The framework created by the Countryside Bill, and, to an extent, reinforced by this Measure, should be completed. This method of proceeding is unsatisfactory. The way in which it has been handled by the Government is atrocious and when my right hon. and learned Friend the Member for Hexham (Mr. Rippon) said that Ministers had been devious, I can only say that my hon. Friends and I were led to believe all the way through that we would have a satisfactory answer at some time to this question. We have not received that and I therefore hope that my hon. Friends will divide the House.

Question put, That the Clause be read a Second time: —

The House divided: Ayes, 102, Noes 155.

Blackburn, F. Herbison, Rt. Hn. Margaret Park, Trevor
Blenkinsop, Arthur Hooley, Frank Parker, John (Dagenham)
Boardman, H. (Leigh) Horner, John Pavitt, Laurence
Boyden, James Howarth, Robert (Bolton, E.) Pearson, Arthur (Pontypridd)
Braddock, Mrs. E. M. Howell, Denis (Small Heath) Pentland, Norman
Bray, Dr. Jeremy Hoy, James Price, Christopher (Perry Barr)
Broughton, Dr. A. D. D. Huckfield, Leslie Price, Thomas (Westhoughton)
Brown, Hugh D. (G'gow, Provan) Hunter, Adam Price, William (Rugby)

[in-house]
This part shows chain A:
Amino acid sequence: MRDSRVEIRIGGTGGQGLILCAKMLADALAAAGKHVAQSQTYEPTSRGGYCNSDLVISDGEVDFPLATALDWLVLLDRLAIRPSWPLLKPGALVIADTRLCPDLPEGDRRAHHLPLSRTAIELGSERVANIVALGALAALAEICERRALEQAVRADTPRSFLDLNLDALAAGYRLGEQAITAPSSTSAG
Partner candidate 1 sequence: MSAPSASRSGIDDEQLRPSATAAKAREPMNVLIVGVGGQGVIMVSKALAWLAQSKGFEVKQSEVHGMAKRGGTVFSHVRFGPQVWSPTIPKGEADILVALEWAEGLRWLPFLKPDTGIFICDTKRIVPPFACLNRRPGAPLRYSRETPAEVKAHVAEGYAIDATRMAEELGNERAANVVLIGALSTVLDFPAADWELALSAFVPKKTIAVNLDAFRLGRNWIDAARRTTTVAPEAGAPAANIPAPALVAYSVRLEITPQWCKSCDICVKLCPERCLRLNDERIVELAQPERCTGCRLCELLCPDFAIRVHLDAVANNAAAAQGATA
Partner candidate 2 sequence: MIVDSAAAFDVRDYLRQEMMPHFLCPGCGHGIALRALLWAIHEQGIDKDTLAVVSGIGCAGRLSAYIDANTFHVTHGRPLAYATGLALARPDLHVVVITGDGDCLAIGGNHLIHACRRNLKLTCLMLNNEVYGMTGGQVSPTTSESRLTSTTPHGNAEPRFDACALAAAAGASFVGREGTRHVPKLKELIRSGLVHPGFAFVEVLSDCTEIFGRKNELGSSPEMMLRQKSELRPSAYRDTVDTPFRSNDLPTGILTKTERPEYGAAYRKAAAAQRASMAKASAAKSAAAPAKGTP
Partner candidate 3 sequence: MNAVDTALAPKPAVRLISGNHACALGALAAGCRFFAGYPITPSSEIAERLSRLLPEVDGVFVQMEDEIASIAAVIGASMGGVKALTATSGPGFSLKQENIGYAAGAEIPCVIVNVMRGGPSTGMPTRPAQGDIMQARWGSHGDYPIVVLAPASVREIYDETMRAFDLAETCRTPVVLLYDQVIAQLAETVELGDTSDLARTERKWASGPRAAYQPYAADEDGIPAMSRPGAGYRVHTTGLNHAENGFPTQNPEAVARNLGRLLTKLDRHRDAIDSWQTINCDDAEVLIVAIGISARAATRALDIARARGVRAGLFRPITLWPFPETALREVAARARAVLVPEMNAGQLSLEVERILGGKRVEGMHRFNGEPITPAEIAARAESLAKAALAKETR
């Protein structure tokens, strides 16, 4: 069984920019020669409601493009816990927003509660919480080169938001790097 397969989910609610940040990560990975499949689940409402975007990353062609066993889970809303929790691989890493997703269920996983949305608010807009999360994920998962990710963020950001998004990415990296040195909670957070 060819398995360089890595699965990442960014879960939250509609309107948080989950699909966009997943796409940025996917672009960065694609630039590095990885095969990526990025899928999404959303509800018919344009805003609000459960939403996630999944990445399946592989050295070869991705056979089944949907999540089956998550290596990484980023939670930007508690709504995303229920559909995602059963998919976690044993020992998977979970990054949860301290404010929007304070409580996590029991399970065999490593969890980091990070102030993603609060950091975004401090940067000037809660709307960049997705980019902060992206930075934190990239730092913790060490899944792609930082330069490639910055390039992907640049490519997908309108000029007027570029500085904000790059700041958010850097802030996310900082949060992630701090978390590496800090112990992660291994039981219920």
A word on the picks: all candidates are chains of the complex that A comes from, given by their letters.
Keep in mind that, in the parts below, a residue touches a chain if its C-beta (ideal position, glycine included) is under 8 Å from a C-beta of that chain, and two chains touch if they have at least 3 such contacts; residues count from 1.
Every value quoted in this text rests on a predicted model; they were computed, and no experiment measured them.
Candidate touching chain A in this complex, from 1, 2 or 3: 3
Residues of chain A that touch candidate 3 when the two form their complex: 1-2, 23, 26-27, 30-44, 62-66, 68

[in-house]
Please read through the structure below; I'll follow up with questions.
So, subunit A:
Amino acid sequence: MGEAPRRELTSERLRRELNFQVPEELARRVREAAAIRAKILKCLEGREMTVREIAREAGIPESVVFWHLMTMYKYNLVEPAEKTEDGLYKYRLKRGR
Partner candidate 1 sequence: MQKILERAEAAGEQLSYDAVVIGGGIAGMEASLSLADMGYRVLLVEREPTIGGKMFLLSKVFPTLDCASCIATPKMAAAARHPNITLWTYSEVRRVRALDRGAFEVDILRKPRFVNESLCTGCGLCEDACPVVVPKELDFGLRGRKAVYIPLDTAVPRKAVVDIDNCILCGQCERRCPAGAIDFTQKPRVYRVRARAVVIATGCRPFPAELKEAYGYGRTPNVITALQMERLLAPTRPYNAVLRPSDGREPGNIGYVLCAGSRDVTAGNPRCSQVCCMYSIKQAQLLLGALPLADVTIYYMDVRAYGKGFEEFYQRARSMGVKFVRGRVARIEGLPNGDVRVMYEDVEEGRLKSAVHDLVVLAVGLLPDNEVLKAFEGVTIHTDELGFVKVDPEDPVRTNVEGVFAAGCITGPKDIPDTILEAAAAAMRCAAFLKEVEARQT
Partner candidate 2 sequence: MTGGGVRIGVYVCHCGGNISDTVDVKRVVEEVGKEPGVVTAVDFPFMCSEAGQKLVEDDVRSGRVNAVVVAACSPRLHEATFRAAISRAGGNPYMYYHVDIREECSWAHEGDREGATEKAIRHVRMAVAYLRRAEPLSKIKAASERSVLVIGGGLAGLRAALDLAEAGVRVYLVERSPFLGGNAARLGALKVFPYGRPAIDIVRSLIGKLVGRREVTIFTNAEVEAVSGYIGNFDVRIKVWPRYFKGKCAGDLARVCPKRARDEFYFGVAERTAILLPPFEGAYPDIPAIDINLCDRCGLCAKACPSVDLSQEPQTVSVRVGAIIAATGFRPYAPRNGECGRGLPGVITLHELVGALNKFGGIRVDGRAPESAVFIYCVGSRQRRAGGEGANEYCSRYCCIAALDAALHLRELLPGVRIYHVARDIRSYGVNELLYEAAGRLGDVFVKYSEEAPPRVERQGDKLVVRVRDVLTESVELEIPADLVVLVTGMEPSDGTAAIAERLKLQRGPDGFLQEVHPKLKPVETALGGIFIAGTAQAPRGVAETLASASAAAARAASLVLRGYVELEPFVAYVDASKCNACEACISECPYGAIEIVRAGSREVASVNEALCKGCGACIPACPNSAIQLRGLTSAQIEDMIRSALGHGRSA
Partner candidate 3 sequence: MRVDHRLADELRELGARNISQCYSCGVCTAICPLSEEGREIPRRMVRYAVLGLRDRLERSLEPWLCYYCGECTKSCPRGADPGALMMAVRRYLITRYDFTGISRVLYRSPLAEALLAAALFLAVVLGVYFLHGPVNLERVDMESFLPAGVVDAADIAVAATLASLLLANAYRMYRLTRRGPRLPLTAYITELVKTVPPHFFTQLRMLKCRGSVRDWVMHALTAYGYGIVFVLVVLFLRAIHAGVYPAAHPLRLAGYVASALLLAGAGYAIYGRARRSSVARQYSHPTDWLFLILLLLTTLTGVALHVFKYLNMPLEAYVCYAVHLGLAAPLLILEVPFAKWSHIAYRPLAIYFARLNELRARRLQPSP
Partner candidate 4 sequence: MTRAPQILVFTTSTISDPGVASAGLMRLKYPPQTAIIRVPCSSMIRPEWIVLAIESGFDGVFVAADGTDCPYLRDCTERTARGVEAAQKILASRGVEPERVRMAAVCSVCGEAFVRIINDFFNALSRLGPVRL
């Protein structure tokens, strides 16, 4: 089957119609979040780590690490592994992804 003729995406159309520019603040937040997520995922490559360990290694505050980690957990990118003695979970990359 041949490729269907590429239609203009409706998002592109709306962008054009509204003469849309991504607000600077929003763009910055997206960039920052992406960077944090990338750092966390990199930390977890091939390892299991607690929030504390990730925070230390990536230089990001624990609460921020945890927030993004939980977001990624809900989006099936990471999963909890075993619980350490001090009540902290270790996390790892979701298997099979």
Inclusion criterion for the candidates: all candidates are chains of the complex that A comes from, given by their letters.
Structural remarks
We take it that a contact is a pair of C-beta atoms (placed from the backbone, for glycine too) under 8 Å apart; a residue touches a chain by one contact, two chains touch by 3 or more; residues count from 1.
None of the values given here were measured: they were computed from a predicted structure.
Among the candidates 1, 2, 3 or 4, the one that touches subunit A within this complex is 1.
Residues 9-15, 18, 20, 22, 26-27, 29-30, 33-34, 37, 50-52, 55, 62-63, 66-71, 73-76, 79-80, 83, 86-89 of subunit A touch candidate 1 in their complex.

Buchan, Norman Hynd, John Roberts, Gwilym (Bedfordshire, S.)
Buchanan, Richard (G'gow, Sp'burn) Irvine, Sir Arthur Robinson, W. O. J. (Walth'stow, E.)
Butler, Herbert (Hackney, C.) Jackson, Peter M. (High Peak) Roebuck, Roy
Carmichael, Neil Jay, Rt. Hn. Douglas Rose, Paul
Chapman, Donald Jenkins, Rt. Hn. Roy (Stechford) Rowlands, E. (Cardiff, N.)
Coe, Denis Kelley, Richard Shaw, Arnold (Ilford, S.)
Concannon, J. D. Kenyon, Clifford Sheldon, Robert
Craddock, George (Bradford, S.) Lawson, George Silkin, Rt. Hn. John (Deptford)
Davidson, Arthur (Accrington) Leadbitter, Ted Silkin, Hn. S. C. (Dulwich)
Davies, Dr. Ernest (stretford) Lee, Rt. Hn. Frederick (Newton) Silverman, Julius (Aston)
Davies, Harold (Leek) Lever, Harold (Cheetham) Skeffington, Arthur
Dell, Edmund Loughlin, Charles Slater, Joseph
Dempsey, James Lubbock, Eric Snow, Julian
Dewar, Donald Lyon, Alexander W. (York) Spriggs, Leslie
Diamond, Rt. Hn. John MacDermot, Niall Steele, Thomas (Dunbartonshire, W.)
Dickens, James Macdonald, A. H. Summerskill, Hn. Dr. Shirley
Doig, Peter Mackenzie, Gregor (Rutherglen) Swingler, Stephen
Dunnett, Jack McNamara, J. Kevin Taverne, Dick
Dunwoody, Mrs. Gwyneth (Exeter) MacPherson, Malcolm Thornton, Ernest
Dunwoody, Dr. John(F'th & C'b'e) Mallalieu, J. P. W.(Huddersfield, E.) Tinn, James
Eadie, Alex Mapp, Charles Urwin, T. W.